So to all you ladies reading this, I say – arm yourself with knowledge and trust your instincts!

Be well 🙂





  1. Anila Weldon November 16, 2012 at 5:54 am - Reply

    What a brilliant post. My team and I would like to feature it on WeldonMoms too. What do you think?

  2. salmajafri November 16, 2012 at 6:58 am - Reply

    Thanks Anila! I’d love for it to be featured on WeldonMoms – feel free to share 🙂

  3. Mariam November 16, 2012 at 10:48 am - Reply

    Def should be shared with as many people as possible!

    • Salma Jafri November 17, 2012 at 5:53 pm - Reply

      Thanks Mariam – go ahead and share 🙂

  4. Ejaz November 16, 2012 at 11:12 am - Reply

    This would be good for many current or future dads as well, you see. I most likely would have ignored the post, given how much information overload I am dealing with daily but the second part of the title made me bookmark and then read later. I am not very fond of doctors, despite having had some good friends who are doctors and some of our experiences were pretty good including our last son’s birth but still overall dealing with Doctors make me cringe and sweat and be a nervous wreck in the same way as I would have to face a shopkeeper in Bolton market or something like that. Heck, we just returned from SouthCity yesterday and thankfully my wife is much better now, the whole experience was still a bittersweet one (or may be I am too skeptical and stubborn to be taken for a ride).

    So, the biggest takeaway for me is to read up on your health, look at your options and think rationally even at such moments. The only slight worry I have, now is that if we had the right choice (c-section) last time we had a baby. I am not sure if we will ever know.

    • Salma Jafri November 17, 2012 at 6:09 pm - Reply

      Spot on Ejaz with this being equally relevant for dads who need to be our partners in this process! I totally agree with you that we should all know or find out basic stuff about our health – at least gather enough knowledge to be able to both question and understand doctors. A smart doctor will value that rather than be intimidated by it. With regard to your wife’s previous c-section, don’t worry about it and leave the past behind while being better informed next time round. Hope your wife is better now!

      Edited to add: BTW South City I hear is notorious for recommending faux c-sections – although given my experience it would seem so are other hospitals/doctors in the city.

  5. Sarah S (@KarachiMama) November 17, 2012 at 6:37 am - Reply

    Totally agree with Ejaz. Fathers need to go in with as much information as possible to back up their partner when needed!

    Also love this story because so many books and articles make the ‘birthing plan’ so easy to lay out and follow but as most of us know, hospital visits, especially those concerning labor are hardly ‘plannable’ 😛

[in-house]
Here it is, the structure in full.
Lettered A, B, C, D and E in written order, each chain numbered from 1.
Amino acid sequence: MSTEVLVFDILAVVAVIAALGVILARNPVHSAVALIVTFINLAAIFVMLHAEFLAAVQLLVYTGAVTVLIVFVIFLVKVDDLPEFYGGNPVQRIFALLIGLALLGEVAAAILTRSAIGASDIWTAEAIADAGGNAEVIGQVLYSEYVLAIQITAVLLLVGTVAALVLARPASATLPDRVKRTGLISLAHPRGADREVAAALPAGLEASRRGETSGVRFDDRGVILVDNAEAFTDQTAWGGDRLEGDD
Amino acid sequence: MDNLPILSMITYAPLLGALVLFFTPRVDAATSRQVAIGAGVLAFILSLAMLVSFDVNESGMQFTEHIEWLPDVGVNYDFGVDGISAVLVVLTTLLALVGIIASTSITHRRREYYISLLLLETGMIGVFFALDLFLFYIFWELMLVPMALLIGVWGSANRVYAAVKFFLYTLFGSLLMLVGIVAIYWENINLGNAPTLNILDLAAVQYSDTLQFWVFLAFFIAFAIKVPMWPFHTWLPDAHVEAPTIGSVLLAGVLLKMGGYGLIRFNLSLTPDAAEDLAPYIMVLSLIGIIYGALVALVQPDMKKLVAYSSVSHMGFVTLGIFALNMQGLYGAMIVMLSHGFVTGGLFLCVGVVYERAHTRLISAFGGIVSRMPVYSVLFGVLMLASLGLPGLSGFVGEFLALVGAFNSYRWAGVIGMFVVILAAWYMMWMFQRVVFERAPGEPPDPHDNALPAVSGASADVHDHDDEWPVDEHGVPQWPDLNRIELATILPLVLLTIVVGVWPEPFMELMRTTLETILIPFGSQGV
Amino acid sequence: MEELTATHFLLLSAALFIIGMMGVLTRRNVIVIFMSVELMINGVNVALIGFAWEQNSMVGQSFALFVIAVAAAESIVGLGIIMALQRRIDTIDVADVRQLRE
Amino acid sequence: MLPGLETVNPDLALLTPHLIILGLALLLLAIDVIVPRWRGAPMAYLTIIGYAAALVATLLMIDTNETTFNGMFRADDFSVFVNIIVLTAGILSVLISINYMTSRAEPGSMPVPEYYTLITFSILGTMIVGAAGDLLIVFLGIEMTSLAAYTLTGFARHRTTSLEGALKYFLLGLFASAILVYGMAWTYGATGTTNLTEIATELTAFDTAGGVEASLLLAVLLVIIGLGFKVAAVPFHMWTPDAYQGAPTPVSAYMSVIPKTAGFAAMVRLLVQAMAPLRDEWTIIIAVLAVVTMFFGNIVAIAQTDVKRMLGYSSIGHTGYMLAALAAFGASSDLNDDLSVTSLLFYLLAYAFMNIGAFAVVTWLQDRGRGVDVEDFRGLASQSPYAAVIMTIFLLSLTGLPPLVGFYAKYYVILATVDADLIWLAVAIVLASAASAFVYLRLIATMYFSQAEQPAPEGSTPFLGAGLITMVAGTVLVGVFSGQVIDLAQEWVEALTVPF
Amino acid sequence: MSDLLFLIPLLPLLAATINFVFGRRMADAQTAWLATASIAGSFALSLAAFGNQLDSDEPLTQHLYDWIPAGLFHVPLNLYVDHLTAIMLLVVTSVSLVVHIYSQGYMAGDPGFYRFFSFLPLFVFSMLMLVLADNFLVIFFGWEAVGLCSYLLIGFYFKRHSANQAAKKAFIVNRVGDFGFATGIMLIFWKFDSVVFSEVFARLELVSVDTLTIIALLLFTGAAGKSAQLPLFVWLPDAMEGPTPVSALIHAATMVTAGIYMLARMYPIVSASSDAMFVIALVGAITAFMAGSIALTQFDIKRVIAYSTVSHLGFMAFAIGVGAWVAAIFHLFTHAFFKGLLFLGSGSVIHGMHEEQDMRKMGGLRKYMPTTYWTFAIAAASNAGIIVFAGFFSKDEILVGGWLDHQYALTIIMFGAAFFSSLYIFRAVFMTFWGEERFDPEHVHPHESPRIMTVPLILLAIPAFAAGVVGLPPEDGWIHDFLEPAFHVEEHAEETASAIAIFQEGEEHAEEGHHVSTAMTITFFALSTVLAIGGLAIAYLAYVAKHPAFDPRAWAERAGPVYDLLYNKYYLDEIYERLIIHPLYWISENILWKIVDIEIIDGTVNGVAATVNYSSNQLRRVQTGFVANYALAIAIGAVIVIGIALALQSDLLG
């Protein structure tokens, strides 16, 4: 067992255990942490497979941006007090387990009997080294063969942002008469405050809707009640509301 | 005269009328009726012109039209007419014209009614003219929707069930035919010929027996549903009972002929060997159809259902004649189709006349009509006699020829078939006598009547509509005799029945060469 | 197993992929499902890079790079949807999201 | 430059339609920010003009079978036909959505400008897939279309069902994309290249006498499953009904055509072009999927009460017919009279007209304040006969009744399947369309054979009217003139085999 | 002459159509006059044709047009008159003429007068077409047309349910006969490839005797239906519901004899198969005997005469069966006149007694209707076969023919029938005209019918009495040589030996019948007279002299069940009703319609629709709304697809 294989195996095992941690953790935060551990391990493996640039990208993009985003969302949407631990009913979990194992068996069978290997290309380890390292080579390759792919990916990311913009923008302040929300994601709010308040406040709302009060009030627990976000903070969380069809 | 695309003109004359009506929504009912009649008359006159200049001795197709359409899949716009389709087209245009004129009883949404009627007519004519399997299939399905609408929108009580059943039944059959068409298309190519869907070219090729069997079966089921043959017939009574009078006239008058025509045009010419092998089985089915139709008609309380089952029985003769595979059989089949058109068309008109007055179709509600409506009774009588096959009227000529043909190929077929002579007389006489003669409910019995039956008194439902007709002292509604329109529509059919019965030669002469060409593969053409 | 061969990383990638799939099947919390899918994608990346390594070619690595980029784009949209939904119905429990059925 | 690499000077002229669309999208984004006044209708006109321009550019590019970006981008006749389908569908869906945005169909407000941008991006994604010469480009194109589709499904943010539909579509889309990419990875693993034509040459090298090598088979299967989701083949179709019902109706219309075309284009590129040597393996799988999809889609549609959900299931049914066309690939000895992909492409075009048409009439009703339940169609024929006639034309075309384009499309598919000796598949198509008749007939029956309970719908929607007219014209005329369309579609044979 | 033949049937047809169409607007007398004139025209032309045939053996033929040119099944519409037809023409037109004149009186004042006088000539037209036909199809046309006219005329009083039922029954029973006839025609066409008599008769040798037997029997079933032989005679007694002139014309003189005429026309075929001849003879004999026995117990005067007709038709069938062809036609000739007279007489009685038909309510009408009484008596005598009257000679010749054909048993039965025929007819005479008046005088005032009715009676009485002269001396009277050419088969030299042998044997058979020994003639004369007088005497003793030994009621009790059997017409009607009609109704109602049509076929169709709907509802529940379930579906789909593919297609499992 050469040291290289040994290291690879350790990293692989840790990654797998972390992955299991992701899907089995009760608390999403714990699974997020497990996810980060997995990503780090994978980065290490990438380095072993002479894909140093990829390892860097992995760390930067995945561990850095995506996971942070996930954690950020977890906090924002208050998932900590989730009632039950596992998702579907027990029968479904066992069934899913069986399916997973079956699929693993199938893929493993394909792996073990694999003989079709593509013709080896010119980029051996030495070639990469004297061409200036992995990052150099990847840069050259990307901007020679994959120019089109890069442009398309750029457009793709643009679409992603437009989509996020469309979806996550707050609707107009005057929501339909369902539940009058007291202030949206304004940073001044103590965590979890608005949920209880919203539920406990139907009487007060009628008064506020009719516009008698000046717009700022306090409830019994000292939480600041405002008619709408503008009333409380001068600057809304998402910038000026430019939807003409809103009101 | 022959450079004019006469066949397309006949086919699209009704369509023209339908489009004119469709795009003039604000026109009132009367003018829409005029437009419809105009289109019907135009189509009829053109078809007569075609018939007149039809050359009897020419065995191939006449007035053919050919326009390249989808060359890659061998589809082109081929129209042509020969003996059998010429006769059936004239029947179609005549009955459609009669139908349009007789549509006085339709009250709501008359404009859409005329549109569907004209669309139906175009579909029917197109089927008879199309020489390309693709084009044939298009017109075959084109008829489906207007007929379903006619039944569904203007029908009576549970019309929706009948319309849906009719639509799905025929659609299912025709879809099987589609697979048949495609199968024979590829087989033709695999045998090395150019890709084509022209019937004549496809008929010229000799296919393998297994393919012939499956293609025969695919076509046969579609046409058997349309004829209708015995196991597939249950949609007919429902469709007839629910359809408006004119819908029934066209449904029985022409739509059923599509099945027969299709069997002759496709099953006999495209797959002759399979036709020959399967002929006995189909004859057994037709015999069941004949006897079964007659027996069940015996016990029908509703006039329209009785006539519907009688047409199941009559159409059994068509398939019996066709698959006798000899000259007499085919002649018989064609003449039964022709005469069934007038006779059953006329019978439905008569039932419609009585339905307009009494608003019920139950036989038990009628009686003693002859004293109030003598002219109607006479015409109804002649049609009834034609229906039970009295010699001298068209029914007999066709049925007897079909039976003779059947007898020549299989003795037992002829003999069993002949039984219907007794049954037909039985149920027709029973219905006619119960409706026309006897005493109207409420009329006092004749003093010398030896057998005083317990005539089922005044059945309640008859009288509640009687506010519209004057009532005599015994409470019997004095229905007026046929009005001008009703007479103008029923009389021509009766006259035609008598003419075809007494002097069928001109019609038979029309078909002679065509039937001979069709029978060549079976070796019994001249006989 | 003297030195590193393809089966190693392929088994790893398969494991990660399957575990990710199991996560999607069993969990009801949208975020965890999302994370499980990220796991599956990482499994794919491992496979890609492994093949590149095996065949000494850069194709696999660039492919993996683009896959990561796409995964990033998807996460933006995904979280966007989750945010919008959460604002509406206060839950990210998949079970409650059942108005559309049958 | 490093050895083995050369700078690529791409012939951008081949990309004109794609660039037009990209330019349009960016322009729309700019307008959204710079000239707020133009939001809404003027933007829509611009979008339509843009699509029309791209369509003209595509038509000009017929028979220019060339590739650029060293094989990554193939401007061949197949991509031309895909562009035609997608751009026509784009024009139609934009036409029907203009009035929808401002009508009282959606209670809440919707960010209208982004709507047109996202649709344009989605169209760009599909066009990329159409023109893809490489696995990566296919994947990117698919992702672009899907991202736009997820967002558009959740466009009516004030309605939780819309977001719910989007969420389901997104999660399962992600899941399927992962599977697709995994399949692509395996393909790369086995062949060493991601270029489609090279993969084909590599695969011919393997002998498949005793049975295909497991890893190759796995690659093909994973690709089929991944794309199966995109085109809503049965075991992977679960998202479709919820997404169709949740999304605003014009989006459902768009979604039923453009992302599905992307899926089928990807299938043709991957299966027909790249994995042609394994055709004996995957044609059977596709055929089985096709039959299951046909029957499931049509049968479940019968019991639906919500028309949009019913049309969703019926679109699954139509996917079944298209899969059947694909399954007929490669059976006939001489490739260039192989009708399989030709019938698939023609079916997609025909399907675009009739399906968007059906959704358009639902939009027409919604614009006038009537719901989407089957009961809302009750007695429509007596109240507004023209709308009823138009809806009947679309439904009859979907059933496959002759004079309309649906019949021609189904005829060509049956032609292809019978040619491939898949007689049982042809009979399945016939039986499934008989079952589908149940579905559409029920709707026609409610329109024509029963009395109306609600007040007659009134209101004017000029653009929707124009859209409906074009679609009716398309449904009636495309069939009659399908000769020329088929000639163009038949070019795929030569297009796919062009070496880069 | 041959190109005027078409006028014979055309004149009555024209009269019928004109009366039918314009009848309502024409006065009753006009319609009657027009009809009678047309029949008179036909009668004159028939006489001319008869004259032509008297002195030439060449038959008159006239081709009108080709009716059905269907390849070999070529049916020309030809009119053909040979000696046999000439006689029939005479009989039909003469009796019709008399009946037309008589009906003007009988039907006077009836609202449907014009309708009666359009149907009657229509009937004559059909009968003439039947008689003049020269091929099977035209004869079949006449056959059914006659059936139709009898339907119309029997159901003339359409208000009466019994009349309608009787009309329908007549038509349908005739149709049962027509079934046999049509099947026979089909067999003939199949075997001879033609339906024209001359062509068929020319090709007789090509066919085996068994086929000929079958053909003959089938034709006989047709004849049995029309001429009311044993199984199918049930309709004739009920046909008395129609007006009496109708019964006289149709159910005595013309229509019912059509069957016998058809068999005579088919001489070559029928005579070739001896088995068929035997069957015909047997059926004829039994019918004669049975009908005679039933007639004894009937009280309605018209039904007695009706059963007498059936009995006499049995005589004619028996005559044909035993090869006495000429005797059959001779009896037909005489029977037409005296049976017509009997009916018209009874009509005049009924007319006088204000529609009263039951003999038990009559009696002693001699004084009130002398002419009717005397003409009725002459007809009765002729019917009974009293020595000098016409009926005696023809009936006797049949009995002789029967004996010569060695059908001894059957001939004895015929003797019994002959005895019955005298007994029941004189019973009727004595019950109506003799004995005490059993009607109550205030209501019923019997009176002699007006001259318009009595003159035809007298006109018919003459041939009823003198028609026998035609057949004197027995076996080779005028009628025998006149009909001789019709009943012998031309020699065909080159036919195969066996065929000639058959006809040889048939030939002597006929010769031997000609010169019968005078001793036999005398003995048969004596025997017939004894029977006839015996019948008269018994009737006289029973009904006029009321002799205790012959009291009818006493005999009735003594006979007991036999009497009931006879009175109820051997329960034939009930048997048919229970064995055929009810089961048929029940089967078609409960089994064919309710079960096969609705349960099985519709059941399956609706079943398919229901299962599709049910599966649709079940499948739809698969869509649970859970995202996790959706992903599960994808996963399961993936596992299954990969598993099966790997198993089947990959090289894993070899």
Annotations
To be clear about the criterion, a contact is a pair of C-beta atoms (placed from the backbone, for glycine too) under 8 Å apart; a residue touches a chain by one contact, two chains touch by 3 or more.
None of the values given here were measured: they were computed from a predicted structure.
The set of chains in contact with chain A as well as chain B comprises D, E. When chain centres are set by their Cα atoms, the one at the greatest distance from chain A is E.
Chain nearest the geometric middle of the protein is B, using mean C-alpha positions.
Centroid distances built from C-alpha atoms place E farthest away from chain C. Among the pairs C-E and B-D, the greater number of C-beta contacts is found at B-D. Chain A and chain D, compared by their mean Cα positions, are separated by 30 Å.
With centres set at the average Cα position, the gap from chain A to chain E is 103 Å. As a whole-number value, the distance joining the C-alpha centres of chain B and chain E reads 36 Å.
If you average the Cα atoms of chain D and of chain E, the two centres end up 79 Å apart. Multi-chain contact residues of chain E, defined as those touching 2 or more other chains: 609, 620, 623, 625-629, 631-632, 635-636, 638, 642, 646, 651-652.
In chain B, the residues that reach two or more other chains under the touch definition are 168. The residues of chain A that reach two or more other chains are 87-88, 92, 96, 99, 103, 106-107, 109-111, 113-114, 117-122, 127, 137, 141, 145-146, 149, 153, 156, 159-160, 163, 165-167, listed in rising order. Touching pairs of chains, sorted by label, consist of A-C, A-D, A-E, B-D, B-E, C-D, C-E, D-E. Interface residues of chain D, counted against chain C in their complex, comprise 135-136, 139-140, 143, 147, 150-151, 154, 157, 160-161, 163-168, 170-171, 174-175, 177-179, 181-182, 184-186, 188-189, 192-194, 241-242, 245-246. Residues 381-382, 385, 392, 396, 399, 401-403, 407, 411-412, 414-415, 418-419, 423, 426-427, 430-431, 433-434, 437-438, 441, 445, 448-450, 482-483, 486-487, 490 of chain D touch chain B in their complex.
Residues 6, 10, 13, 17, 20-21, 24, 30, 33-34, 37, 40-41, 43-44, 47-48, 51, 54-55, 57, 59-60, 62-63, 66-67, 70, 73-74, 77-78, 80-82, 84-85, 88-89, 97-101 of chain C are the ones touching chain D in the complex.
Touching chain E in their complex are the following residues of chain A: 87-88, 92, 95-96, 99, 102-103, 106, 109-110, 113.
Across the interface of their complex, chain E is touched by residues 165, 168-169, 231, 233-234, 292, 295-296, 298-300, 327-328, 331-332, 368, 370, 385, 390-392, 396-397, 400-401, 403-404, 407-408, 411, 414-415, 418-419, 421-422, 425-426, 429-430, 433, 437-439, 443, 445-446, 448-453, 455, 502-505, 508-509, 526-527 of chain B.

• Salma Jafri November 17, 2012 at 6:15 pm - Reply

      Exactly Sarah – birthing is the one thing you cannot control 100% and must be flexible in. However, that said, its good to know your options and to work them out with a doctor you trust. Unfortunately my birth plan was not passed on to (or followed by) the on-call doc – instead she chose to completely ignore my wishes for a natural birth. In such cases, there’s not much you can do except to trust your gut instincts and get as much support as possible from family and others. Thanks so much for commenting!

  6. Omar November 18, 2012 at 1:11 am - Reply

    Thank you for writing this.

    Doctors are supposed to put the patient’s interest above all else. Unfortunately many doctors become jaded with time and lose their ability or will to empathize.

    Also, while what happened to you is not acceptable, thank you for pointing out that not all doctors are the same. 🙂

    • Salma Jafri November 18, 2012 at 5:17 pm - Reply

      Thanks Omar for the insight. Not sure if this was a case of being jaded or just an auto-response for minting money. That said, I’m so glad there are doctors like you around who take an active participatory role and reach out via social media and other channels to the public. Thank you for all you do.

  7. Samar November 18, 2012 at 5:30 pm - Reply

    Having a C-section was a personal nightmare of mine. I told my doctor that a C-section was my last choice and not to even consider it unless my or my kid’s life was in danger.

    I also told her no epidural even if I asked for it later unless she thought it made sense medically.

    Thankfully I had a wonderful doctor who not only noted all my wishes in my file but briefed the staff that I wanted a normal birth at all costs and to facilitate it unless things went south.

    Even though Z arrived in the middle of the night and my doc couldn’t make it in time, the one on duty did everything that she had noted in my file.

    And even though I begged for the epidural towards the end (12 hours of labour will do that to you), they cajoled and placated me till I delivered a healthy baby. Thankfully the delivery was really fast!

    I recommend my doc to every pregnant female I come across. Lol. She’s a rarity in today’s world of “my way or the high way” doctors.

    • Salma Jafri November 18, 2012 at 5:39 pm - Reply

      Samar, you are SO lucky and blessed to have had such an amazing birth experience 🙂 And I totally get where you’re coming from on the epidural front – I did scream for it at some point but thankfully labor was progressing far too quickly to make that realistic and in hindsight I’m so thankful for a safe delivery and a healthy baby (sans epidural) that everything else pales in comparison. Reading your story makes me realize that I should have insisted my regular doc note down all my requests too. Thanks so much for sharing your positive story!

  8. jammie November 19, 2012 at 5:27 am - Reply